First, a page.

DC Casebook: Agricultural development - Barn works held to need permission

In upholding an enforcement notice directed against alterations and extensions to two barns in the Essex green belt, an inspector has concluded that a new building requiring planning permission has been created.

The appellant claimed that the main framework, roof and floor remained unaltered and the notice should be corrected to refer to cladding and enclosure of two-open sided barns with infilling of a 139m2 gap between them. He argued that the works amounted to the improvement and maintenance of the two structures without altering their external appearance and did not involve development by virtue of section 55(2)(a)(ii) of the Town and Country Planning Act 1990.

The inspector examined the totality of the works. In enclosing the gap, she reasoned, the appellant's aim had been to create a single building. This involved a new roof covering and other works which included new cladding. In her opinion, the structure as a whole amounted to a new building and went well beyond repair and improvement of the original barns.

Since the development had been completed within four years of the council's decision to issue an enforcement notice, she held that it was not immune from action even though the two original buildings were lawful. Although the original structures could not have been subject to enforcement, she decided that the four-year period began afresh when the new development was substantially completed in 2007.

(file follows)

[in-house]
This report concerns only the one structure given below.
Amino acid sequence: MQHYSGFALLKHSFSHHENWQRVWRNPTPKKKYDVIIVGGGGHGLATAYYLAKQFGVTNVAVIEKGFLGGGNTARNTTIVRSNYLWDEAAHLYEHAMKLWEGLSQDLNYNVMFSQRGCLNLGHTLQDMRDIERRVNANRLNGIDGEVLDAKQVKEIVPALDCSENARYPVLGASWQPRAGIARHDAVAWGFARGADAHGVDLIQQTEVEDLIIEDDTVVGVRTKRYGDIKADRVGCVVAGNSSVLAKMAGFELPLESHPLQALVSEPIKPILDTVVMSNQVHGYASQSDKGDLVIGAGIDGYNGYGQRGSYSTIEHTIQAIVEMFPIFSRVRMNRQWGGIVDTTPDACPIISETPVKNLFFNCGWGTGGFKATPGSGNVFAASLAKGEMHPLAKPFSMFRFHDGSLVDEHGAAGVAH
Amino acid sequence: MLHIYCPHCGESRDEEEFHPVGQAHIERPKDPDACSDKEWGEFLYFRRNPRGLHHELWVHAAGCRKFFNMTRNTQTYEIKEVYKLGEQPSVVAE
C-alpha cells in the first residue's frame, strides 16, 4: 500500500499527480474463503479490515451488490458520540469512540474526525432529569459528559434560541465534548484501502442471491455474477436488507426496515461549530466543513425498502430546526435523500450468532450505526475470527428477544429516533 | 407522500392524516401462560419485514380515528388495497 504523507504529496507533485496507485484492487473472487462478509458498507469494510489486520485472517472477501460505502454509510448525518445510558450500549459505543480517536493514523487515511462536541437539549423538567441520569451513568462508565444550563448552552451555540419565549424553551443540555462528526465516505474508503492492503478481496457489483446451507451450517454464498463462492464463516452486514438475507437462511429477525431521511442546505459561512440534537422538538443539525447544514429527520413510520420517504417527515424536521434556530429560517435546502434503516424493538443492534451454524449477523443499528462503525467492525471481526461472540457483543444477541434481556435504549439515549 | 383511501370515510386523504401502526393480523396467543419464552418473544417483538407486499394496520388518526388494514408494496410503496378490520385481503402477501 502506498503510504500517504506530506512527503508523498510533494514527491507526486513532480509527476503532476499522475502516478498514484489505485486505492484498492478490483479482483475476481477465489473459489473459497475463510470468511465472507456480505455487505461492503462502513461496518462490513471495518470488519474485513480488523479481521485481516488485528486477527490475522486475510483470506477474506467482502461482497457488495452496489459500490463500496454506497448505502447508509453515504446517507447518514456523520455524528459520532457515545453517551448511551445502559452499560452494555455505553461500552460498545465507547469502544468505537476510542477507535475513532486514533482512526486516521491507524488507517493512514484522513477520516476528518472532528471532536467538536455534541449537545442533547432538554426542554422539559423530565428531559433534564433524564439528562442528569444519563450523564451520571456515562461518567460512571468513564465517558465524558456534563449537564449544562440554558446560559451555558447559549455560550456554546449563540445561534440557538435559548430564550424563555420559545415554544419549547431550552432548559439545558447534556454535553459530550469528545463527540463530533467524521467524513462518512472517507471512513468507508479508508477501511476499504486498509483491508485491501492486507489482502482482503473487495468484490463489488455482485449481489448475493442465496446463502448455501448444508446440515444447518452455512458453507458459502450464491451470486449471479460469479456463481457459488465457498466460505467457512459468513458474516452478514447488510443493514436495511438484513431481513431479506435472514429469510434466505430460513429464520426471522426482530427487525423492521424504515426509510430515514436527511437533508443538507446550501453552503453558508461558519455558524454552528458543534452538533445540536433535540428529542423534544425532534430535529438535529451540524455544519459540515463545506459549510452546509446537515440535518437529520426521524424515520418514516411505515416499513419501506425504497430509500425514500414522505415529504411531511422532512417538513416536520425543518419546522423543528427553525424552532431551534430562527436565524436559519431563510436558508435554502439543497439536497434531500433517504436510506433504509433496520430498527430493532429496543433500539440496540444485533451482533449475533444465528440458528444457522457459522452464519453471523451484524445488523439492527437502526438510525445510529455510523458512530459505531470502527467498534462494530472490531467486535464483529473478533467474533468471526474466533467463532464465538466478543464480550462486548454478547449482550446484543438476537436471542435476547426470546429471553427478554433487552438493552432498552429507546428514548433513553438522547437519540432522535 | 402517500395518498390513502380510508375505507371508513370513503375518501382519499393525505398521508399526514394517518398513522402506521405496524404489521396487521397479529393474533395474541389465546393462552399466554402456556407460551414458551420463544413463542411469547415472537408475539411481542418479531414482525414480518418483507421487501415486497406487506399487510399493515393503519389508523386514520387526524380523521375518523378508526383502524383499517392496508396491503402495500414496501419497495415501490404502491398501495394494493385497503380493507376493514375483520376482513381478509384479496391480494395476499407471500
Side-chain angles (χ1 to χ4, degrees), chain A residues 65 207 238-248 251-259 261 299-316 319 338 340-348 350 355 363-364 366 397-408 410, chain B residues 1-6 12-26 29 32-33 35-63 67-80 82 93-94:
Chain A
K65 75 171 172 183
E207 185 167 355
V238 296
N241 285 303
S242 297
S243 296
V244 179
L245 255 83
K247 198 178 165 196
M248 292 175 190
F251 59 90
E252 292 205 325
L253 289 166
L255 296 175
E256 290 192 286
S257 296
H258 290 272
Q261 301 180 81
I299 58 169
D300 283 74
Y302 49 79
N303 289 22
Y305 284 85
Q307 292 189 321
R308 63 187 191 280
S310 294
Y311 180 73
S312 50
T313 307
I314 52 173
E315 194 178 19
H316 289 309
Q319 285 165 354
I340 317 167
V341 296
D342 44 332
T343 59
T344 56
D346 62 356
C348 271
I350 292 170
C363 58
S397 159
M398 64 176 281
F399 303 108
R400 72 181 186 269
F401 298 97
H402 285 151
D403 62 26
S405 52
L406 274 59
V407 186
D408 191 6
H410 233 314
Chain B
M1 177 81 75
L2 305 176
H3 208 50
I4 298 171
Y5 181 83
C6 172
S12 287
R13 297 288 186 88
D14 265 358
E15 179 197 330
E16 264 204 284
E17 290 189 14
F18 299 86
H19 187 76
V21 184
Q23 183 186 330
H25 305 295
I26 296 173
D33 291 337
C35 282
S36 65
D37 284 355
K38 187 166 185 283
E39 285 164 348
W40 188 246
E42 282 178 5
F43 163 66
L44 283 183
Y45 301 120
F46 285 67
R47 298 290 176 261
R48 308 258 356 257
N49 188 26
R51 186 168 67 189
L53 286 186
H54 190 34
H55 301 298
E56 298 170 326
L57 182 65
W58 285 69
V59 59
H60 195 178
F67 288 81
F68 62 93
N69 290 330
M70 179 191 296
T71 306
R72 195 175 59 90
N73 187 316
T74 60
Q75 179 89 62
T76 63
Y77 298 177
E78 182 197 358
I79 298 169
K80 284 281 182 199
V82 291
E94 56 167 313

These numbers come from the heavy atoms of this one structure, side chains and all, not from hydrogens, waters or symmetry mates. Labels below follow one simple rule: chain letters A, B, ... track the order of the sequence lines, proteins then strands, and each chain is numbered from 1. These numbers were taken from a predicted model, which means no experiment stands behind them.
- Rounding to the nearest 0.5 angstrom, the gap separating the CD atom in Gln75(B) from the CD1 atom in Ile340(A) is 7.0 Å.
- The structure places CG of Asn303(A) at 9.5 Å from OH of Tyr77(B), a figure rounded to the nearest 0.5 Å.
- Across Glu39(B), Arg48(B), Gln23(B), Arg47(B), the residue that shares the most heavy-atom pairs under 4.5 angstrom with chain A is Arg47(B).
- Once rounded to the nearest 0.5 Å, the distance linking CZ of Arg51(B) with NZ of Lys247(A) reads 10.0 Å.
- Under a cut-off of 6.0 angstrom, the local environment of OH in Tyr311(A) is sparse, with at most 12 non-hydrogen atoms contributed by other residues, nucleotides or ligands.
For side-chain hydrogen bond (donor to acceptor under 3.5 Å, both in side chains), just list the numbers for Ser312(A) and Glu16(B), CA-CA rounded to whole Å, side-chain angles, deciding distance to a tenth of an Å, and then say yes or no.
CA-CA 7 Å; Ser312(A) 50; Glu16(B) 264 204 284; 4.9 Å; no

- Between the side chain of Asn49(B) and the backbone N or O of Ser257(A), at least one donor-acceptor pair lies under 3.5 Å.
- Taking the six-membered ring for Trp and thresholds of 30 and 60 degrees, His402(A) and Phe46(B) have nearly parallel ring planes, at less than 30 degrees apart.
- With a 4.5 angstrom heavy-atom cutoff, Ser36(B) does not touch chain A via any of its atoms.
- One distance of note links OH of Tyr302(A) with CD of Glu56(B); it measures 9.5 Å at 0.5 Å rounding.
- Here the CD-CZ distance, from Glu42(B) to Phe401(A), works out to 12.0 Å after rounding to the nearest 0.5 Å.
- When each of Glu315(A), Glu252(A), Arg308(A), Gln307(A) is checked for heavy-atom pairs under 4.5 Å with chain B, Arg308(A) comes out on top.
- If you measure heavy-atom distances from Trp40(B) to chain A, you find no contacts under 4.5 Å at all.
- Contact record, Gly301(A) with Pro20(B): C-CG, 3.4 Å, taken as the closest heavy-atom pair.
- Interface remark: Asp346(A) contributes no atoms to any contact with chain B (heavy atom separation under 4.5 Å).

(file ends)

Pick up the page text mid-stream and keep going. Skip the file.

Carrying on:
On the planning merits, the appellants pointed to a wide range of very special circumstances including the site's location in a farmyard, the potential to remove a log cabin and the need to diversify the farm enterprise and sustain the rural economy by allowing the employment use to remain. While finding all of these material considerations, the inspector decided that they did not amount to the very special circumstances required to retain the building, given its impact on the area's openness.

The log cabin was small compared to the new barn and its removal would not amount to a significant benefit, she ruled. Upholding the notice would mean that the existing tenant had to vacate the premises and this justified extending the period of compliance to 12 months, she conceded. She accepted the council's argument that the entire building should be removed, concluding that the original structures had been irrevocably altered and removal of the cladding and roof would not remedy the breach of control.

Inspector: Wendy McKay; Inquiry

Have you registered with us yet?

Register now to enjoy more articles and free email bulletins

Sign up now
Already registered?
Sign in

Join the conversation with PlanningResource on social media

Follow Us:
Planning Jobs